One key piece, which kept me believing in the approach, was London Grammar's Nightfall from their album If You Wait. (I didn't find the piece for its title, but again, like the Moby track, here was 'waiting'. The man hit by lightning leaves a woman waiting behind).

Close up on the kayak. Zoom out. Out. Spinning out.. (1 min 30 seconds) … farther... (2 minutes in)... and farther... (2 minutes 30 seconds...) then, and farther, (with just over a minute to go, the BEAT KICKS IN)... the kayak just a speck now on the ocean.

It was all about timing. The delivery of pace, a sense of scale, and a delivery of connectivity to our primal drive that there is hope in any story. This is what music can bring.


Cove was a tough book to write. And rewrite. And rewrite. The dedication to the shore crew is not literal but to the people close to me who were patient as I drifted farther and farther out to sea with the text. While I did, a few key pieces of music kept me going, and I'm not afraid to admit it. That's the drug of music. The mind-altering substance of it that can get you through. In darker moments, near beaten, instead of slamming tequila, I slammed music.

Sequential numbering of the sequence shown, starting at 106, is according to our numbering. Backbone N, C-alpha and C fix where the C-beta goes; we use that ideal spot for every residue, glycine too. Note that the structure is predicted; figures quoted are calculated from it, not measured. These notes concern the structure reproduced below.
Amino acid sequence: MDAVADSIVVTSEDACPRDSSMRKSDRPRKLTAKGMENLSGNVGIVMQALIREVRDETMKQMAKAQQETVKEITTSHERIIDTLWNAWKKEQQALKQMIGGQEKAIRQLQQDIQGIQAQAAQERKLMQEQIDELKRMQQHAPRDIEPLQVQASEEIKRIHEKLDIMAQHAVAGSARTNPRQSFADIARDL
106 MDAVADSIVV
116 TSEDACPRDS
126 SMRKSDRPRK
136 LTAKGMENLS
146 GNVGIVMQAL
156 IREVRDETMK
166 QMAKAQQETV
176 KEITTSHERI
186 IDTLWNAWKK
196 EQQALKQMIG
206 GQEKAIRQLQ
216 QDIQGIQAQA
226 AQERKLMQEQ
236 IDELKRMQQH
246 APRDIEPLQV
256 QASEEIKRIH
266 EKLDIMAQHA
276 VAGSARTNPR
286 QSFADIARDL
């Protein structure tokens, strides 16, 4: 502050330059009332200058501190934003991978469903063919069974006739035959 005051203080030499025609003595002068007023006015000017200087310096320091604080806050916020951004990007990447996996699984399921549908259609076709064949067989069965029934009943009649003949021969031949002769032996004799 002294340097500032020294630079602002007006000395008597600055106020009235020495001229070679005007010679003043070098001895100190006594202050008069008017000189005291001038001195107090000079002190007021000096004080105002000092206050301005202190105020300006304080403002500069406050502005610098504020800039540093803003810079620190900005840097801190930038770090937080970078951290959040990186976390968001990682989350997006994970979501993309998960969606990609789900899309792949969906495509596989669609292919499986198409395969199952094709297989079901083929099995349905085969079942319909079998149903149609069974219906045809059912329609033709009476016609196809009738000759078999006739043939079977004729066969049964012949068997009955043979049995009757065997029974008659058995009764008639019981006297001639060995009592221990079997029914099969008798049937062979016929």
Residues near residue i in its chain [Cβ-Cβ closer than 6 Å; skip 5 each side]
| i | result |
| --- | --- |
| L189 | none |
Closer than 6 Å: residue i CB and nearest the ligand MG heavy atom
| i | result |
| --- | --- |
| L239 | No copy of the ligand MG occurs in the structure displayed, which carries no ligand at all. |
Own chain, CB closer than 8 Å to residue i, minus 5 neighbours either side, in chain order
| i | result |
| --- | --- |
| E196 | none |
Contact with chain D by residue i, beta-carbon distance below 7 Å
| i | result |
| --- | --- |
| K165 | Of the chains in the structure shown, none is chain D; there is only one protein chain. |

It was a while ago now, but I remember three key life rafts.

Pink Floyd's Delicate Sound of Thunder. I'd had the concert on CD since I was 16.

Bruce Springsteen's We Shall Overcome. Listening to it turned me sometimes into a human trumpet.

Hans Zimmer's soundtracks to the Batman films. Because if I wasn't a writer, I'd be Batman.

Cynan Jones and Cove links:

the author's website
the author's Wikipedia entry

Financial Times review
Guardian review
Publishers Weekly review
Spectator review

Los Angeles Review interview with the author

also at Largehearted Boy: